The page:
By Brad Collis
Australia’s grains industry has begun the most far reaching
assessment of its existing structures, and
alternative production and marketing scenarios, ever
attempted in its 150-year history.
The release, during Grains Week, of the Australian
Grains Industry Strategy 2005-2025, marks the
starting point for an intensive period of debate and
decision-making that has the potential to reshape and
redirect major aspects of grain production, marketing
The Strategy is the first response to studies
that show the export demand for existing uses of
Australian grains will not increase at the same rate
as demand from new uses over the next decade and
beyond. Also, new high-capacity competitors are
poised to enter the traditional commodity markets
– in particular India, the Ukraine and South America.
China is also expected to become either self-sufficient
or a net grain exporter.
By contrast, the demand for new grain-based
products, in particular processed and manufactured
products that use grains as a source of biochemicals
– for uses as disparate as fuels, pharmaceuticals,
biodegradable plastics, aquaculture feed, meat
substitutes, anti-oxidants and a range of new
functional foods – is expected to increase
Overall, the projected demand for new and existing
uses for Australian grain is up to five times current
Australian production – and existing production
systems only have the capacity to meet about two-
fifths of this growth.
The Strategy, commissioned by the Grains Council
of Australia, funded by the GRDC and undertaken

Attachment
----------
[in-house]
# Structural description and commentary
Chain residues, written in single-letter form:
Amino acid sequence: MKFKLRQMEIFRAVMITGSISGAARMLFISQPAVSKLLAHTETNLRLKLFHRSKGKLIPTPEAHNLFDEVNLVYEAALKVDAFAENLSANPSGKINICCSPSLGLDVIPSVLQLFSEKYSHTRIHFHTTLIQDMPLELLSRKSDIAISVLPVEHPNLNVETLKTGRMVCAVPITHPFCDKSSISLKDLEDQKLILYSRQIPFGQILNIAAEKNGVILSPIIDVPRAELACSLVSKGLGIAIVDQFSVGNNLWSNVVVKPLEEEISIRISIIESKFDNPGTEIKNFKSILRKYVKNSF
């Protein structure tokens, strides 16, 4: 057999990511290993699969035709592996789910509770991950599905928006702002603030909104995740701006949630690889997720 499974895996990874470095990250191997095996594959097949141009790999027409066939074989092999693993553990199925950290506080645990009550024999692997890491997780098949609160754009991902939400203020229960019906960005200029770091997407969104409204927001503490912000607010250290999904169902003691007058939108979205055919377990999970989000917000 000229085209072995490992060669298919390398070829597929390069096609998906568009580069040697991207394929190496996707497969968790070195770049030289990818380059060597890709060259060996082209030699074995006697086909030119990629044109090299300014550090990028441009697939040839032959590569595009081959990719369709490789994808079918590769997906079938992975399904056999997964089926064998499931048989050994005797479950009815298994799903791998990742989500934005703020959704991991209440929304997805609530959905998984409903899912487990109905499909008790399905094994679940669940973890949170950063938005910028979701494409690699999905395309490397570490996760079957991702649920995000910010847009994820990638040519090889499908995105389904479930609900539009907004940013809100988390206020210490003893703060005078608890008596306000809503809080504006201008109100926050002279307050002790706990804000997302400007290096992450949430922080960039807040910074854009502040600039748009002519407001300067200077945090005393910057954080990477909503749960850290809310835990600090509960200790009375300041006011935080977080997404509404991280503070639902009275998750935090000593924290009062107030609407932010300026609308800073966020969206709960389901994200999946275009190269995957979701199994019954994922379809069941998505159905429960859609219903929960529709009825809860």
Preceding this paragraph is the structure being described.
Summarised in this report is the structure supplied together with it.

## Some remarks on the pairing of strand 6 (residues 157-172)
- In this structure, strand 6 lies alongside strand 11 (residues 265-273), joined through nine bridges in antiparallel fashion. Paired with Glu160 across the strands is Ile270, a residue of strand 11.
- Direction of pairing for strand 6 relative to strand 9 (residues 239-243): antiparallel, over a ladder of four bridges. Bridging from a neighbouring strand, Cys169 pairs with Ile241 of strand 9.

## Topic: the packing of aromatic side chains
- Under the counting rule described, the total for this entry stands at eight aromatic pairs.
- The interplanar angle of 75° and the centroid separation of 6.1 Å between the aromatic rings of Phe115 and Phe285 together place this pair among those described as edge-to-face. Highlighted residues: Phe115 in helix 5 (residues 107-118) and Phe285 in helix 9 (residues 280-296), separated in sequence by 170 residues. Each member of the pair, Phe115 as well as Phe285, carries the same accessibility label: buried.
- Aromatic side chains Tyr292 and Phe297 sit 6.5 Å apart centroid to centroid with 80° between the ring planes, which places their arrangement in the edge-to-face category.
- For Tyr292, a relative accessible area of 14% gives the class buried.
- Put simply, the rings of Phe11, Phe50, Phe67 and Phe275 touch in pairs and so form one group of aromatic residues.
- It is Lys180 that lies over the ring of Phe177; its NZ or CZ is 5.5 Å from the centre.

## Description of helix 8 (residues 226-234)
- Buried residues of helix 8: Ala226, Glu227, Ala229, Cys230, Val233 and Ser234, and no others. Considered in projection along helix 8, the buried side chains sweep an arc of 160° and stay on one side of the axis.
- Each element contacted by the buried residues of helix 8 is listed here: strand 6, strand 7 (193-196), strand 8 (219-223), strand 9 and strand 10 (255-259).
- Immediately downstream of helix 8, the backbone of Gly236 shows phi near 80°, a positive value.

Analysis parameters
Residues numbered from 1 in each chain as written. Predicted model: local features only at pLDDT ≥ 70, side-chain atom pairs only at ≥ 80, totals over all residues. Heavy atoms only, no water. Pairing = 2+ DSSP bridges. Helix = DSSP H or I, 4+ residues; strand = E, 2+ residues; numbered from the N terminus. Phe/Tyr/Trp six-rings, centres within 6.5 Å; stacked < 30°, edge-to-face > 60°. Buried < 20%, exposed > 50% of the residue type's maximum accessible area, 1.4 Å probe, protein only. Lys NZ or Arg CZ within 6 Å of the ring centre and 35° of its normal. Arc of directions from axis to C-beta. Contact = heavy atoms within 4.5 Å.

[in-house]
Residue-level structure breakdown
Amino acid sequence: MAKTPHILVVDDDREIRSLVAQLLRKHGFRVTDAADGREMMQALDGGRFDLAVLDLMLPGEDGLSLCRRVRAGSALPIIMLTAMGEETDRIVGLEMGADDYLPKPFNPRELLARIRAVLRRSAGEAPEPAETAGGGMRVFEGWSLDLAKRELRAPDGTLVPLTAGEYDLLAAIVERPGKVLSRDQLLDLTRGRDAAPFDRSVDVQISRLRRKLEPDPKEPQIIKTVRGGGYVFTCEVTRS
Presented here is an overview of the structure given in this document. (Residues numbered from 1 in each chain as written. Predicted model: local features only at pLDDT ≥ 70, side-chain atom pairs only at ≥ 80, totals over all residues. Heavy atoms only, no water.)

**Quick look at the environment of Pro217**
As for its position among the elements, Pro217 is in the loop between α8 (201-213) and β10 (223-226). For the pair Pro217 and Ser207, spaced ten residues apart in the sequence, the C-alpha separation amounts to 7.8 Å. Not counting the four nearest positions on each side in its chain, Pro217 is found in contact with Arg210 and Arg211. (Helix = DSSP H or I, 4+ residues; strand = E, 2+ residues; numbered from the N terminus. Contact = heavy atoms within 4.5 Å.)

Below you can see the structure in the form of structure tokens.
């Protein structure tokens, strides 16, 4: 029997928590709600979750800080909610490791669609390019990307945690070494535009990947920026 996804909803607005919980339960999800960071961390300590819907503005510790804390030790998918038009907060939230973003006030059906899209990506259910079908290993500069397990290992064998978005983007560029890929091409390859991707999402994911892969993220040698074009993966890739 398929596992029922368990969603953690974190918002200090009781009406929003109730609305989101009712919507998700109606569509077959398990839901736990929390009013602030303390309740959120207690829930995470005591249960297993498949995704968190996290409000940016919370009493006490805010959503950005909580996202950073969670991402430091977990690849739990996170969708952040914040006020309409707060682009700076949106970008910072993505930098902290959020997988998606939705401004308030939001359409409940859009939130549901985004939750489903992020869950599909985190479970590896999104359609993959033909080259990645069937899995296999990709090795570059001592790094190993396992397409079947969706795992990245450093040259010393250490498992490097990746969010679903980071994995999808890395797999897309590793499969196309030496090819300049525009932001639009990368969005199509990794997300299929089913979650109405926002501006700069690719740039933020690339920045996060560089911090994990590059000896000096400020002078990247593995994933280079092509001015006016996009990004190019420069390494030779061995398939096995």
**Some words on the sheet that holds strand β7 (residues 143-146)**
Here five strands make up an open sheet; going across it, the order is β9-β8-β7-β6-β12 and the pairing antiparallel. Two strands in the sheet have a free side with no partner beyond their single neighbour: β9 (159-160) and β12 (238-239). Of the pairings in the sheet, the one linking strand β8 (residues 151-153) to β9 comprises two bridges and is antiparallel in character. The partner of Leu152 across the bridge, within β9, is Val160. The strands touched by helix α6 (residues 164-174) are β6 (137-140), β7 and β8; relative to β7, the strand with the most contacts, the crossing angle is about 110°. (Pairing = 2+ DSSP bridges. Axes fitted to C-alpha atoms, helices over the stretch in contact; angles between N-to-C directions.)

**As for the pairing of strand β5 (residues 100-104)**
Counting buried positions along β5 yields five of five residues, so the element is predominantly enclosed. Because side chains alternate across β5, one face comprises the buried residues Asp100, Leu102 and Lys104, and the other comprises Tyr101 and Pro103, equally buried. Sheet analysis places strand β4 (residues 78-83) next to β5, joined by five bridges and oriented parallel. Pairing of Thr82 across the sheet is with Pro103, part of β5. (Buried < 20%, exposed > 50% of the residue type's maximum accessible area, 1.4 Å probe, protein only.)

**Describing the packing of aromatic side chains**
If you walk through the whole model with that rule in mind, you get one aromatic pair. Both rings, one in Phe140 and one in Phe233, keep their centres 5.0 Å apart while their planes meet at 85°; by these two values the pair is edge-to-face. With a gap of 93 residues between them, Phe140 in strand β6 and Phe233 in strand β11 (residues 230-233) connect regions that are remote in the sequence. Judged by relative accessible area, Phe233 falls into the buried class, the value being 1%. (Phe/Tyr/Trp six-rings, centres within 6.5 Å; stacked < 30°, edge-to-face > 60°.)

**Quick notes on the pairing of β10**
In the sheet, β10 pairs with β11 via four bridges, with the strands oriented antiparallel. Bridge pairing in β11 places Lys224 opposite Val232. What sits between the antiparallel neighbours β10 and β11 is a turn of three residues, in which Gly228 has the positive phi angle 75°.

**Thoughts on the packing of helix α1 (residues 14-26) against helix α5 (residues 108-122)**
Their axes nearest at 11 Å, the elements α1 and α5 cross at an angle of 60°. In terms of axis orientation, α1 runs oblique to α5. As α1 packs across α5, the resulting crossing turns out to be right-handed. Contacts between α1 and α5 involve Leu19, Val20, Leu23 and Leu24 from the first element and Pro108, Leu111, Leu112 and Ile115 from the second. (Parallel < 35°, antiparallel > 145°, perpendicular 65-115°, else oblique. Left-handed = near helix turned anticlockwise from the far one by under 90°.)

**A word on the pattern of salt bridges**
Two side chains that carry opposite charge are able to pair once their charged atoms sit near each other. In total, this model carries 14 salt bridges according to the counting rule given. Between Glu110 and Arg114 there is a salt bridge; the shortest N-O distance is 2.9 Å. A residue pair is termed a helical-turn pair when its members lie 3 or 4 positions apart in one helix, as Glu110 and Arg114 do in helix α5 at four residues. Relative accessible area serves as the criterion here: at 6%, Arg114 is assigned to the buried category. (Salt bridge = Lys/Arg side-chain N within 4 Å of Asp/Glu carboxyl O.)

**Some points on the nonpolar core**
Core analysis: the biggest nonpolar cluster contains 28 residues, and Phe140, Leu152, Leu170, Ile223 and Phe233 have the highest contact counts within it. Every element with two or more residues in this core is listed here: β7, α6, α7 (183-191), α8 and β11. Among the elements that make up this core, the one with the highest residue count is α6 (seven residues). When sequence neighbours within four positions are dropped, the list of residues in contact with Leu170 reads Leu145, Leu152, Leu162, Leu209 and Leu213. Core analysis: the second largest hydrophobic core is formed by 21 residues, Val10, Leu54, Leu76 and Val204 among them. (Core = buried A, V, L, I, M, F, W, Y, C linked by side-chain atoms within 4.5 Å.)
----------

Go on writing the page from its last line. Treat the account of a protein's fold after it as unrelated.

by Pocknee & Associates Consulting, places strong
emphasis on the need for structural and cultural
change across the industry. It sees greater cohesion
and communication along the value chain as essential
to growth in the changing global circumstances that
are facing grain.
Under the banner ‘towards a single vision’, it also
calls for shared views to be aired and discussed as the
industry faces up to its future, cautioning against any
agripolitics that stymies debate.
A special Australian Grains Week Industry Forum
continued the debate, and this is to be an ongoing
industry think-tank analysing proposed strategies
and setting up task forces to investigate specific
GCA president Keith Perrett and GRDC chairman
Terry Enright, say the forum is intended to bring
all stakeholders together: “It will require goodwill,
trust and a high level of commitment to capturing
emerging opportunities identified in the report,” they
said in a joint statement.
The key components to be covered are the supply
chain, the demand chain, market and environment
issues, and new structures to allow the industry to
better manage change.
Projected demand for australian grain